E-commerce continued to record dynamic current value growth in 2021, outperforming retail in Poland as a whole. While this trend was already emerging in the country over the review period, the pandemic helped to accelerate its penetration and acceptance among a wider audience in Poland, as local consumers were forced to switch to alternative channels when non-essential store-based specialists were closed during the most severe restrictions, in addition to remaining cautious even as stores reopened due to fear of exposure to the virus.
Strong growth by new e-commerce retailers in 2021 was also evident. New stores offered both groceries and non-grocery goods, with the most popular new entries offering apparel and footwear and beauty and personal care.
Major e-commerce platforms such as Allegro and Zalando have started to expand their services to address current trends, from convenient payment options offered by Allegro to the reselling of second-hand products via Zalando’s pre-owned section, where consumers can also use the platform to sell their own second-hand clothes that were not previously purchased from the marketplace.
E-commerce is expected to see continuous growth over the forecast period to outperform retailing as a whole, with the channel gaining further penetration of the market, although in line with increasing maturity in Poland, the rate of growth will gradually slow. Despite local preference for store-based shopping, especially for big-ticket items, a greater number of Polish consumers have been exposed to the channel since the pandemic, and are likely to continue to favour it for its convenience, or at least use it in conjunction with store-based retailing by running price comparisons and reading product reviews.
Services associated with online sales are expected to be important differentiating factors among key players in e-commerce. Free delivery and returns, visual try-outs utilising technology to facilitate the online demonstration of products, and convenient payment solutions such as Blik, and 0% fee when paying by instalments, are expected to have a substantial impact on which retailer consumers choose, given intensifying competition in the channel.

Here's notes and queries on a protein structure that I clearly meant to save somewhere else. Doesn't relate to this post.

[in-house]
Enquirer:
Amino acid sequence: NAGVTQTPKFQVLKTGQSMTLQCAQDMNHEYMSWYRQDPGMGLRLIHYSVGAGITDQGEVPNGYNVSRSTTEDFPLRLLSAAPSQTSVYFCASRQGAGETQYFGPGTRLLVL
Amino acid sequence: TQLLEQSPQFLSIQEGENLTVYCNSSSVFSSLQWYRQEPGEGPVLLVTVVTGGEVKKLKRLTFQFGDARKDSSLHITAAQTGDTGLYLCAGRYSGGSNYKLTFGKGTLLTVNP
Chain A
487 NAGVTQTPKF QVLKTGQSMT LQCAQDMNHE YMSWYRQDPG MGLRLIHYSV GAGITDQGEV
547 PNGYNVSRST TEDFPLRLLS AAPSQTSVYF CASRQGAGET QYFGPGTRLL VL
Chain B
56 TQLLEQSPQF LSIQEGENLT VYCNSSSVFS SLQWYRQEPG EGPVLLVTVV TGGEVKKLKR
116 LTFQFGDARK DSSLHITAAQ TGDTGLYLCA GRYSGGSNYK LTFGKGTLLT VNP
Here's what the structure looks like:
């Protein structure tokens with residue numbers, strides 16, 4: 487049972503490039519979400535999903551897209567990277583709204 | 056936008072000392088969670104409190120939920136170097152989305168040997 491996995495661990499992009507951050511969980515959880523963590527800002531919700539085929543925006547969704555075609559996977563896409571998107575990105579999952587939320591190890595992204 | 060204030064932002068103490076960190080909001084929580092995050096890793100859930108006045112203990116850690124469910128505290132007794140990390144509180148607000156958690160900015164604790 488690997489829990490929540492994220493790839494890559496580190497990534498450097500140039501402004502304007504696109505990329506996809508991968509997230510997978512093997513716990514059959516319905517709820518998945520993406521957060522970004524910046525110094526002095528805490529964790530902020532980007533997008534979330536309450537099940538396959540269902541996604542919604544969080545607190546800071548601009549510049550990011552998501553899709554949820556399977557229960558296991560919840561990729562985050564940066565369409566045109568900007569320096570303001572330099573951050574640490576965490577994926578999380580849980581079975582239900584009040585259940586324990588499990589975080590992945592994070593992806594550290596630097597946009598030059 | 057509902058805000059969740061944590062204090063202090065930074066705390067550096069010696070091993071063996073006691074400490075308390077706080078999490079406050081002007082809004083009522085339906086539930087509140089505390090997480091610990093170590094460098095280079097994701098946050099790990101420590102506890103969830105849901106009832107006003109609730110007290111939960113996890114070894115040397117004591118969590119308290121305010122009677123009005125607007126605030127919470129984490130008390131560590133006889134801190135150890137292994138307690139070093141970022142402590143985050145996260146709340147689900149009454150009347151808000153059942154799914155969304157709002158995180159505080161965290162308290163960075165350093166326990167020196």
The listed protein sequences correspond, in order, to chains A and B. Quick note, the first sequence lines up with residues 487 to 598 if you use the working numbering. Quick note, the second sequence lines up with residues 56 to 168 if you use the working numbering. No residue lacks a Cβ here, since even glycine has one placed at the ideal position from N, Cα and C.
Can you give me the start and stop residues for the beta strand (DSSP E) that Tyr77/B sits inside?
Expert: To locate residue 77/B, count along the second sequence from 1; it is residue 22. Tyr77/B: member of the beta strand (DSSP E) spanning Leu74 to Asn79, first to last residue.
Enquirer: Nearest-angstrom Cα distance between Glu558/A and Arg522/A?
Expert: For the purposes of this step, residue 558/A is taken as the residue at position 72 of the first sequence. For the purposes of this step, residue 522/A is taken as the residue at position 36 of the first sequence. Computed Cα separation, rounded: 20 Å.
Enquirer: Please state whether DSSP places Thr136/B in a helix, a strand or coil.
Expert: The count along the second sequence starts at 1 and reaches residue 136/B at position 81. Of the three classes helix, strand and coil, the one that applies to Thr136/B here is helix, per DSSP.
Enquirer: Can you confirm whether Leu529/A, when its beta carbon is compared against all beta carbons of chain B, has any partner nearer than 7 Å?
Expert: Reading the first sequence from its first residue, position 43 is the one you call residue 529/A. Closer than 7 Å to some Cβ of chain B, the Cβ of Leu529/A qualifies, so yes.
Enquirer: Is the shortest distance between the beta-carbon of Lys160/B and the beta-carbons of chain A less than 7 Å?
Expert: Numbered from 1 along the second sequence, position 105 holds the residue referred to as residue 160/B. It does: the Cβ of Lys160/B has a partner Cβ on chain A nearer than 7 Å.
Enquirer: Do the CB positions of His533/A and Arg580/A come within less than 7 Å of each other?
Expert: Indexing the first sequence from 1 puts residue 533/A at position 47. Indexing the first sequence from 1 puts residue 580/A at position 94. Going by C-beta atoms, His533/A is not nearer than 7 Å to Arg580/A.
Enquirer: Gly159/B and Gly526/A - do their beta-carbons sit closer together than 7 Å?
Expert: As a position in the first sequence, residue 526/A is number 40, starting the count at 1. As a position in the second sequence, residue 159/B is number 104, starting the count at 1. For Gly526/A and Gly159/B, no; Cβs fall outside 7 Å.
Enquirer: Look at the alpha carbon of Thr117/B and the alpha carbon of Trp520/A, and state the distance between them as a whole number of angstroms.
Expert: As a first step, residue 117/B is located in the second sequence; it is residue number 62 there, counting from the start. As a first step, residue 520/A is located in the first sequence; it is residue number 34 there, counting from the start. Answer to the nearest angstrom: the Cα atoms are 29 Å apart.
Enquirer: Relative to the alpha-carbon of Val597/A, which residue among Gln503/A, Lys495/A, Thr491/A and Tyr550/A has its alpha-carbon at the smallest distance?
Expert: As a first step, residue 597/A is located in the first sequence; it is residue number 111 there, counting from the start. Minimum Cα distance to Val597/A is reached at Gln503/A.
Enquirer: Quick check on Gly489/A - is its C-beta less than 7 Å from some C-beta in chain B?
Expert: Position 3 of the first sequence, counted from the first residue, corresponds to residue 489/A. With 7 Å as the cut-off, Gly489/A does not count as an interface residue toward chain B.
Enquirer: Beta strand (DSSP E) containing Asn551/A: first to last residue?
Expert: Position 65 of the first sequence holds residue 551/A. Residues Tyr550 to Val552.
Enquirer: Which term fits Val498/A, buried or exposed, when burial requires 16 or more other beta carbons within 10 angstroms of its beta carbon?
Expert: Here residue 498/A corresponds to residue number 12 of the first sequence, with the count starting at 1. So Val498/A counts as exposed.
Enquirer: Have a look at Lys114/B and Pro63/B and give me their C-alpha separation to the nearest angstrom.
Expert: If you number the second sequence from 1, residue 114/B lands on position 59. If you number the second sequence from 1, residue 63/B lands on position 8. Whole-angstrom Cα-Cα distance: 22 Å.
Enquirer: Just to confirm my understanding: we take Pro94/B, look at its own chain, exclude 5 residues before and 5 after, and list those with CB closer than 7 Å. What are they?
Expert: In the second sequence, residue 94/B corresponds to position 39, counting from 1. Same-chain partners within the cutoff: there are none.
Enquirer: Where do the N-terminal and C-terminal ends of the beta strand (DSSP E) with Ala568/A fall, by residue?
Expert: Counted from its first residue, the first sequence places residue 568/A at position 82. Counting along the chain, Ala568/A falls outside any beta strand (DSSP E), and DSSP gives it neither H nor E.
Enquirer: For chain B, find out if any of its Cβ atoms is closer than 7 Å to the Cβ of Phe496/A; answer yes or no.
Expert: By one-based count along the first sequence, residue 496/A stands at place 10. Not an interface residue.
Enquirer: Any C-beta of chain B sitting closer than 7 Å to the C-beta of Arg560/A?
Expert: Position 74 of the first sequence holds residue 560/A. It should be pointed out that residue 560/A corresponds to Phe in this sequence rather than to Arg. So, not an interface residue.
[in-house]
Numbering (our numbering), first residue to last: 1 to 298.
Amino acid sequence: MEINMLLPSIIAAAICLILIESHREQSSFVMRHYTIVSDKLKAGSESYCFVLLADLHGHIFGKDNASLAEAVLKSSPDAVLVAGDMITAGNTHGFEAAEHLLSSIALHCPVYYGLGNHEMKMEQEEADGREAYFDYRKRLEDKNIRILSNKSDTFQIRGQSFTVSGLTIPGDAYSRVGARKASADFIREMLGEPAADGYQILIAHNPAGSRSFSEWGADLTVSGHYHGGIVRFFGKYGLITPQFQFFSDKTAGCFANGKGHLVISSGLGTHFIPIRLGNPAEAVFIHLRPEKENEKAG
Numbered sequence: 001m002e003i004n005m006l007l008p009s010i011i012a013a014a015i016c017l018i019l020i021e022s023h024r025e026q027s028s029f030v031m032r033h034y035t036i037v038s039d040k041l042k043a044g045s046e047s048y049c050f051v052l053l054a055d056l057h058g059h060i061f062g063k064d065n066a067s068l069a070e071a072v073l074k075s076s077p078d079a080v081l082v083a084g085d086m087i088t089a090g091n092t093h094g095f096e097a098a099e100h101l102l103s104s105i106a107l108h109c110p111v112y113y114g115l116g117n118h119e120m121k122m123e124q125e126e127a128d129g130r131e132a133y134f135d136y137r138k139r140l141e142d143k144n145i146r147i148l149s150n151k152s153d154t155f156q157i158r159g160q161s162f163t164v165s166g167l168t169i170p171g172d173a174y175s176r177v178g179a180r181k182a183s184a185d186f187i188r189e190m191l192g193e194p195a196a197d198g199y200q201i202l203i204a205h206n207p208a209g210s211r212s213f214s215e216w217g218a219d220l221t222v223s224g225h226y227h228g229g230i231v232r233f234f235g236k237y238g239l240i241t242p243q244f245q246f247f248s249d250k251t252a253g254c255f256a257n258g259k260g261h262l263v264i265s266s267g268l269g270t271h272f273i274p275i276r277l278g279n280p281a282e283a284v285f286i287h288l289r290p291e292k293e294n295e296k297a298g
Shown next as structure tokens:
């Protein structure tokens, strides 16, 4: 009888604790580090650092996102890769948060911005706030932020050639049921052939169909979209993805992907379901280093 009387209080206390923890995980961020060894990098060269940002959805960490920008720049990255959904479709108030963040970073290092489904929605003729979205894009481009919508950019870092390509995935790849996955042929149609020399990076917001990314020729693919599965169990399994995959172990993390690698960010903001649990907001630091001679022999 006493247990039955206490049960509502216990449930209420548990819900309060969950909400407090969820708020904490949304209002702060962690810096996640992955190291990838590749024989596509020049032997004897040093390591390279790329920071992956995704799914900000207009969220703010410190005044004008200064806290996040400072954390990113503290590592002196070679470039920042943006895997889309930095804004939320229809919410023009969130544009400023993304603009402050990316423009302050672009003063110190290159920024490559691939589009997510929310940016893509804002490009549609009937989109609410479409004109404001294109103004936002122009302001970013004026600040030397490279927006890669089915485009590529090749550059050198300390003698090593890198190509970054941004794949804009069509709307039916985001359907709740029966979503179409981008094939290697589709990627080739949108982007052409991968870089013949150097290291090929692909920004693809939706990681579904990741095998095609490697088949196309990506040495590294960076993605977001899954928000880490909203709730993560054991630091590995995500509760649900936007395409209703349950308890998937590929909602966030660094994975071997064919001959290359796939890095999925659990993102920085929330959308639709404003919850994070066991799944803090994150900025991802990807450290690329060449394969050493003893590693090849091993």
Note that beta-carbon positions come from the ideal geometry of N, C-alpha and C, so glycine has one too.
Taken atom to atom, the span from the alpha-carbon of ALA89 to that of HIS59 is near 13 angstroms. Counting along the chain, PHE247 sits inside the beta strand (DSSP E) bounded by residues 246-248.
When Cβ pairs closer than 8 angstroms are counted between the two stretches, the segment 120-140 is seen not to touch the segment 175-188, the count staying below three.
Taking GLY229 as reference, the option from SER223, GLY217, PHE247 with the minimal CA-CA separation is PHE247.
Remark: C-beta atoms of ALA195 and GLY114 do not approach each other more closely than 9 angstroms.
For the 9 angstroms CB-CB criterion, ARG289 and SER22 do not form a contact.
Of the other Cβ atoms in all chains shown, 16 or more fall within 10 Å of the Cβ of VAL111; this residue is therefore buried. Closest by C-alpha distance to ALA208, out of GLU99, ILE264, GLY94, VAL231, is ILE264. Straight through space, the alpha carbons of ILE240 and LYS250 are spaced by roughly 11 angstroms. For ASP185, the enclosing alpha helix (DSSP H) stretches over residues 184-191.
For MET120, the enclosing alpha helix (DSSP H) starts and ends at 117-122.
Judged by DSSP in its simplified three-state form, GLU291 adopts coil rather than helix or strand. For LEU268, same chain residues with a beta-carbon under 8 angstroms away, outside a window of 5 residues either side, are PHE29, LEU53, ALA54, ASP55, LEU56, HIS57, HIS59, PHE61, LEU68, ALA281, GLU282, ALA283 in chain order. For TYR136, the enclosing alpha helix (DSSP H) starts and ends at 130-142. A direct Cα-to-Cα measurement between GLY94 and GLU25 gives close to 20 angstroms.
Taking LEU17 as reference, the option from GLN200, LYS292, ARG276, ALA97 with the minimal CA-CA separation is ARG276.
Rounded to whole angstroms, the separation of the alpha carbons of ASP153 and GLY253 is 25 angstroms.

New or smaller product categories are expected to see more developed sales growth via e-commerce over the forecast period, including home improvement and gardening. While this area witnessed important growth online during the pandemic, this was still from a low sales base, and therefore offers significant potential for further development with predictions for the highest value growth (at constant 2021 prices) over the forecast period.
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Sales of consumer goods to the general public via the Internet. Please note that this includes sales through mobile phones and tablets (i.e. m-commerce). E-commerce includes sales generated through pure e-commerce websites and through sites operated by store-based retailers. Sales data is attributed to the country where the consumer is based, rather than where the retailer is based. The definition of e-commerce is agnostic as to where actual payment takes place; if an order is initiated online, it is considered to be an e-commerce transaction, even if the order is ultimately paid for in-store (or elsewhere). As a result, all ‘click-and-collect’ and ‘collect-at-store’ transactions are counted as e-commerce sales. E-commerce excludes sales of: (a) Consumer-to-consumer (C2C) and business-to-business (B2B) sales, although please note that sales between businesses and consumers (i.e. B2C sales) on sites such as eBay are included; (b) Sales of motor vehicles, motorcycles and vehicle parts; (c) Tickets for events (sports, music concerts, etc.) and travel; (d) Sales of travel and holiday packages; (e) Revenue generated by online gambling sites; (f) Returned products/unpaid invoices; and (h) Internet sales from direct selling companies, as these are tracked in Direct Selling market size/shares. Example e-commerce brands include Amazon.com, Zappos.com, Apple.com, iTunes, Rakuten, Tesco.com, Dell.com, Coles Online, etc. 3rd Party Merchant sales through online marketplaces, such as Amazon.com, eBay.com and Walmart.com, are included and split out in shares. 3rd party merchants are the summation of sales that come from businesses that are present on an online marketplace (e.g. Amazon, Alibaba). Marketplaces are websites that allow multiple merchants to sell on the marketplace website, with the marketplace operator processing the transactions, but many marketplaces provide offer other services as to help with shipping, handling, payment, and product storage. The marketplace is not the merchant of record legally, but for the sake of shares, sales from 3rd part merchants are attributed to the marketplace brand operator.See All of Our Definitions
This report originates from Passport, our E-Commerce (Goods) research and analysis database.
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